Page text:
The Funnies of August: American Editorial Cartoons in the Opening Months of the Spanish Civil War
MetadataShow full metadata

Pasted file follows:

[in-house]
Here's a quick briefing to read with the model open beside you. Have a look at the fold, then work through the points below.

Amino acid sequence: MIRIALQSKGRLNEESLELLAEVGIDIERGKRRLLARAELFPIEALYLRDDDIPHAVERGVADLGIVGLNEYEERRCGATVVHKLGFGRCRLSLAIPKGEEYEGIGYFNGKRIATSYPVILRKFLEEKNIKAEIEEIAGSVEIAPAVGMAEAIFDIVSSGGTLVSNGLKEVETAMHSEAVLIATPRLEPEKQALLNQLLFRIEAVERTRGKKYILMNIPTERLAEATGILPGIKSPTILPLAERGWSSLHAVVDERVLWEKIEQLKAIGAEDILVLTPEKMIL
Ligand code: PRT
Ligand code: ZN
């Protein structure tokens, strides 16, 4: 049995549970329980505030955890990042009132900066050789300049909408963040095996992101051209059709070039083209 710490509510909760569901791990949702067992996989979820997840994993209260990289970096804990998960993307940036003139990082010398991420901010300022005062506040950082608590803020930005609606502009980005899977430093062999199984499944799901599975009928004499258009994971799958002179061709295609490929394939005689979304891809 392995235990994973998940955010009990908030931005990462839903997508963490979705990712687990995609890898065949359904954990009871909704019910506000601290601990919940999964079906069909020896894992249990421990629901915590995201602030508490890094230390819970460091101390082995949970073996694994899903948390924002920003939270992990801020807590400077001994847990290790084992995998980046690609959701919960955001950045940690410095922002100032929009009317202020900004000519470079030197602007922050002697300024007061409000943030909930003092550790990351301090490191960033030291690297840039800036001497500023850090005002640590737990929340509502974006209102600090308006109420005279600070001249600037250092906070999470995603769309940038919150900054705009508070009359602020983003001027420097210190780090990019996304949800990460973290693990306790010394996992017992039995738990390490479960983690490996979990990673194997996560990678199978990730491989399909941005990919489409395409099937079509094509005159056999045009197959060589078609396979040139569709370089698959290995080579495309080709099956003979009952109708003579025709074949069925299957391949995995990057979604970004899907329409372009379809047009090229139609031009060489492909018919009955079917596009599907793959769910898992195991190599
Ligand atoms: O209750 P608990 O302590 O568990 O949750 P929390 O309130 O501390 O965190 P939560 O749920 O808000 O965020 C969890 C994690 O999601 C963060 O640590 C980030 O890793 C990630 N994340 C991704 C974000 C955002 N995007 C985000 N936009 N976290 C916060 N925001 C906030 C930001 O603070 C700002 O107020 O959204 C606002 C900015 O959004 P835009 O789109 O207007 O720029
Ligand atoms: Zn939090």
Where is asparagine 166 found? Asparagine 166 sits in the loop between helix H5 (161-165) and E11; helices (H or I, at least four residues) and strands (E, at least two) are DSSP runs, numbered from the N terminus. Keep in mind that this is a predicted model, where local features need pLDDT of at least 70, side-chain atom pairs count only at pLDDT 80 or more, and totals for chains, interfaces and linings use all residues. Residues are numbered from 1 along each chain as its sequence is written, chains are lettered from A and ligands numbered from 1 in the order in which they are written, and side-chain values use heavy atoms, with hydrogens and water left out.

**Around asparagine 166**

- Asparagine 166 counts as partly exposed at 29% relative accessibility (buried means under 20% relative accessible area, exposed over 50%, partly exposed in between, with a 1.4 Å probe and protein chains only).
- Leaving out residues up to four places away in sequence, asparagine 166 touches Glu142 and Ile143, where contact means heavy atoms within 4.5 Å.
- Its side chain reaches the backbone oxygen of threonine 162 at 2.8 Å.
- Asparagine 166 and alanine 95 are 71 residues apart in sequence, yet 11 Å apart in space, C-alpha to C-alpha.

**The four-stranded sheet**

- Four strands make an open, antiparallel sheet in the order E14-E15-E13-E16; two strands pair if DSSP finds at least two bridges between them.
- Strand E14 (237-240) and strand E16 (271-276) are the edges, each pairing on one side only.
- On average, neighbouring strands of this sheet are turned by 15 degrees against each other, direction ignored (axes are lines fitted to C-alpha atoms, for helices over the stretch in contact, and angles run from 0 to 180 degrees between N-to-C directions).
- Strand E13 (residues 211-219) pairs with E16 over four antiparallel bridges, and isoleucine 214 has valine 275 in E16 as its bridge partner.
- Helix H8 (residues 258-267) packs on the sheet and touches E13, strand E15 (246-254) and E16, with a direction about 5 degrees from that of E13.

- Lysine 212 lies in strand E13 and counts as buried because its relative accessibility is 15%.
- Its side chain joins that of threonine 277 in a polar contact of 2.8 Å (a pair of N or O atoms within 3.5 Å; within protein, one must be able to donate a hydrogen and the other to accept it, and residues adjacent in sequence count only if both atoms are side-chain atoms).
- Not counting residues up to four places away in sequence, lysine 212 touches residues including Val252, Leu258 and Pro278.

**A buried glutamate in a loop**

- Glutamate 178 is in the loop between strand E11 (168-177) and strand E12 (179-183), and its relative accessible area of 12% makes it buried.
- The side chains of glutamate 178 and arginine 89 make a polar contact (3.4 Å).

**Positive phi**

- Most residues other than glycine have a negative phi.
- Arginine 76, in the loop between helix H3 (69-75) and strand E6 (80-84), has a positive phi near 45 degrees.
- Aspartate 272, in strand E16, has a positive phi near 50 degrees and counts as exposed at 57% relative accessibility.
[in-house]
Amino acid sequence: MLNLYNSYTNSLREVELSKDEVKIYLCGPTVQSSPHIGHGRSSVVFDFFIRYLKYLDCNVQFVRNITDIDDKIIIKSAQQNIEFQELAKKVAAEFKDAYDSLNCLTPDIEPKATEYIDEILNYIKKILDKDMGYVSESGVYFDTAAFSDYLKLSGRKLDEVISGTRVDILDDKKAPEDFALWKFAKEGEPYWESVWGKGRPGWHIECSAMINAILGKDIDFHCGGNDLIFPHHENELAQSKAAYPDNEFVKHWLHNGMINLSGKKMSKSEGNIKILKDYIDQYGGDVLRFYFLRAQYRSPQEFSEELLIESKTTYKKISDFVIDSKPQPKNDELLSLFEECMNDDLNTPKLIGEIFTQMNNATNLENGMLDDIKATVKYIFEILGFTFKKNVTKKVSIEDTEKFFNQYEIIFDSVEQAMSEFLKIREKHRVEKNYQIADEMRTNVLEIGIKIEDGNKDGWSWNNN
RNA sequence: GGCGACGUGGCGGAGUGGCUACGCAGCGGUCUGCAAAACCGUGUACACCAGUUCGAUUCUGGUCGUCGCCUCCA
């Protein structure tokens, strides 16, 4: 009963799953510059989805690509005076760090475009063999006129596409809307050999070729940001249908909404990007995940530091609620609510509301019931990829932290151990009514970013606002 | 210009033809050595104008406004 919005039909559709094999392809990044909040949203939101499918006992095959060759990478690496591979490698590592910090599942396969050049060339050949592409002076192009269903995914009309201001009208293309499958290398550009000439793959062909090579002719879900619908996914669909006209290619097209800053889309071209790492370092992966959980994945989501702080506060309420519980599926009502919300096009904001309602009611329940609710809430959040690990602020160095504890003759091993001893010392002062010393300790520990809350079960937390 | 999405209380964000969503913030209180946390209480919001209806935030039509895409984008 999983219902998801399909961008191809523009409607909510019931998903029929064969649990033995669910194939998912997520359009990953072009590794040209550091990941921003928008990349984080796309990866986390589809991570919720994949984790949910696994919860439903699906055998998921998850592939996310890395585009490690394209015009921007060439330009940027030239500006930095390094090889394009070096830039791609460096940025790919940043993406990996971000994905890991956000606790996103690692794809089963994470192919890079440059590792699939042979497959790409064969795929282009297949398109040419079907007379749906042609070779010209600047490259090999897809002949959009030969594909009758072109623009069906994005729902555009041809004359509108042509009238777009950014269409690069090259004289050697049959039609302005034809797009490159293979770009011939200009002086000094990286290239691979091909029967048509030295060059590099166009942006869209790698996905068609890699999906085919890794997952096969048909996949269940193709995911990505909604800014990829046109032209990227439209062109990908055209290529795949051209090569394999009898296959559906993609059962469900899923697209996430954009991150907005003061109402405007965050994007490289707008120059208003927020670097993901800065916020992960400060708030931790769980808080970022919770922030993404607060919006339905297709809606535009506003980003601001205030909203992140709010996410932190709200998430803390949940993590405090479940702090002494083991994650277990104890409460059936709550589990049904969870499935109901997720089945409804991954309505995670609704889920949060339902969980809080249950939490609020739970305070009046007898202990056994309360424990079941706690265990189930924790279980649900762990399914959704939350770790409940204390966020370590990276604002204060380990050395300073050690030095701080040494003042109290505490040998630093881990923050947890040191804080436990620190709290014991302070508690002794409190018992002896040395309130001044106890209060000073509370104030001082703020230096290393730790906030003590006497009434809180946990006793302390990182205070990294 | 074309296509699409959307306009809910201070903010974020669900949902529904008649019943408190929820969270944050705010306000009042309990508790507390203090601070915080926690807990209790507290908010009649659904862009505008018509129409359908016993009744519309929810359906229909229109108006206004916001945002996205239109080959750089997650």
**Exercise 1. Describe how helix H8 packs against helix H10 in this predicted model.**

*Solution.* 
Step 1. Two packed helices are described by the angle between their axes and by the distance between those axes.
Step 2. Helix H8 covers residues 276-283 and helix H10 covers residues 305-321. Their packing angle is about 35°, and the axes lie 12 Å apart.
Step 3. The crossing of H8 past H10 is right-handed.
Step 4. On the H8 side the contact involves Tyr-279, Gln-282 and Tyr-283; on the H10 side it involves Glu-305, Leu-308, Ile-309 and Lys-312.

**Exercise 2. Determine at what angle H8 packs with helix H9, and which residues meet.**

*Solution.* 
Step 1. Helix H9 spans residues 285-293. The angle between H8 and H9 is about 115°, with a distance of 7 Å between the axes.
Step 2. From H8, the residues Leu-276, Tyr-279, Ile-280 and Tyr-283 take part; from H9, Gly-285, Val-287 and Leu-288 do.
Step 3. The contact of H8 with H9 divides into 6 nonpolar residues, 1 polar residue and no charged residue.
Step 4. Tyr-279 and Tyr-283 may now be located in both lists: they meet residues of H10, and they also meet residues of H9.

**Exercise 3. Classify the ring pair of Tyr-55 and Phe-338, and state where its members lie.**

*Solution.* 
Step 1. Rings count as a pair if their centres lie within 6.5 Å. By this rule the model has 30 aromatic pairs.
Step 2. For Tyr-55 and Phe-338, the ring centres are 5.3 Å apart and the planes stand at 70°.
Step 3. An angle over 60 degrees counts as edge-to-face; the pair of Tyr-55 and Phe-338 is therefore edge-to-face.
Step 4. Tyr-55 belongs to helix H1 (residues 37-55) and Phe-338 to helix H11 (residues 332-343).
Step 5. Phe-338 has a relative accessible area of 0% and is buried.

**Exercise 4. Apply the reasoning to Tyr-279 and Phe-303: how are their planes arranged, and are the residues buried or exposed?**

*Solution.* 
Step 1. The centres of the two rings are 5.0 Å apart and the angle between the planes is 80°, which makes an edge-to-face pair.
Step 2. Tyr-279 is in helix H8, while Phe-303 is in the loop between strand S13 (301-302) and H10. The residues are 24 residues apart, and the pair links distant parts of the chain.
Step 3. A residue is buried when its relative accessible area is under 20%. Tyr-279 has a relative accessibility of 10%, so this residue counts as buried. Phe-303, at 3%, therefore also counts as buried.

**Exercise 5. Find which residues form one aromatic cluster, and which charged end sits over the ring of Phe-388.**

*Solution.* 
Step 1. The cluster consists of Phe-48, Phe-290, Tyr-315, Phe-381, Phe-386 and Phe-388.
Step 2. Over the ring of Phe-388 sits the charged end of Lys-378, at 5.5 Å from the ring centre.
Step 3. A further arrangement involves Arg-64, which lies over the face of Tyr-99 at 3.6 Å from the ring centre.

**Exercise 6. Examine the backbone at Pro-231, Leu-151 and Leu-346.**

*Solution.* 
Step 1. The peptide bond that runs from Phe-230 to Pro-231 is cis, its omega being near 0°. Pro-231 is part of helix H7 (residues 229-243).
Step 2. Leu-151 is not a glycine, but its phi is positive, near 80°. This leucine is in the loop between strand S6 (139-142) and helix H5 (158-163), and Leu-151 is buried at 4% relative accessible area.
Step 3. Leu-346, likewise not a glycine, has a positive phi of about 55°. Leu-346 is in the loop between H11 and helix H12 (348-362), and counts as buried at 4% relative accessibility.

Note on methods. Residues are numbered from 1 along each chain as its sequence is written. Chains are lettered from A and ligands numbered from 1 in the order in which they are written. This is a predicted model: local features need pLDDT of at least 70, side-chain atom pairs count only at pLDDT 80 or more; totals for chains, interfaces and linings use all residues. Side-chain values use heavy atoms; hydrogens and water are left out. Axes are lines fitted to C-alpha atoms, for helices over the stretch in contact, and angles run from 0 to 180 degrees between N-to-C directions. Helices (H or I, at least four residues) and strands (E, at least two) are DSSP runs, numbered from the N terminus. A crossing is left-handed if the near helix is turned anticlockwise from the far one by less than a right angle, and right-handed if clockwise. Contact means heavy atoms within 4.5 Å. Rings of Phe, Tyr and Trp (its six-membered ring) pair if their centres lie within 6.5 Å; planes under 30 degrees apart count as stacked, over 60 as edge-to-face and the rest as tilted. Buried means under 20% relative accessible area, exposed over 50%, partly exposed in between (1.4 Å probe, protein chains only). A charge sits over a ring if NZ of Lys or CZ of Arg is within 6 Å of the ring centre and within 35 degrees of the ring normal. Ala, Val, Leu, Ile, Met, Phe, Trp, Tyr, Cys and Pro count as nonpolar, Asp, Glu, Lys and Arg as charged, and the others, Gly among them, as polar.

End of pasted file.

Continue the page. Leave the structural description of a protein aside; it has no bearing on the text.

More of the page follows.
This thesis studies American political cartoons depicting the Spanish Civil War of 1936. The other goal of this thesis is to create an exhibit display case in the Taylor-Murphy building showing select comics from the research for casual audiences. I chose comics specifically because the opinions of newspaper political cartoons appeal or market to a wide portion of the public, making them a compelling source to study the popular opinion and media of the time. The comics came from the pages of the New York Times, Chicago Tribune, and Washington Post and primarily from the months of July, August, and September. Those months have been chosen as newspaper commentary on the conflict was most prodigious then at its outbreak. Few studies have been completed on the American cartoons that grappled with the Spanish Civil War, so this project is helping to fill that need. My project collected and investigated the comics from these major publications to better understand common themes in the war’s presentation to Americans. Some of the main trends noticeable in these months were a set of common visual clichés, simplification of the conflict, rejection of both sides of the Civil War, and an association of the political violence in Spain with American politics of the time. Major papers often agreed the war was a disaster brought on by extremist ideologies of fascism and communism and held little sympathy for either cause, lamenting instead the destruction of Spain and the Spanish people. This study revealed not just the media espoused opinions on the war and how it was portrayed, but also how it was utilized by cartoonists to make statements regarding contemporary politics in America.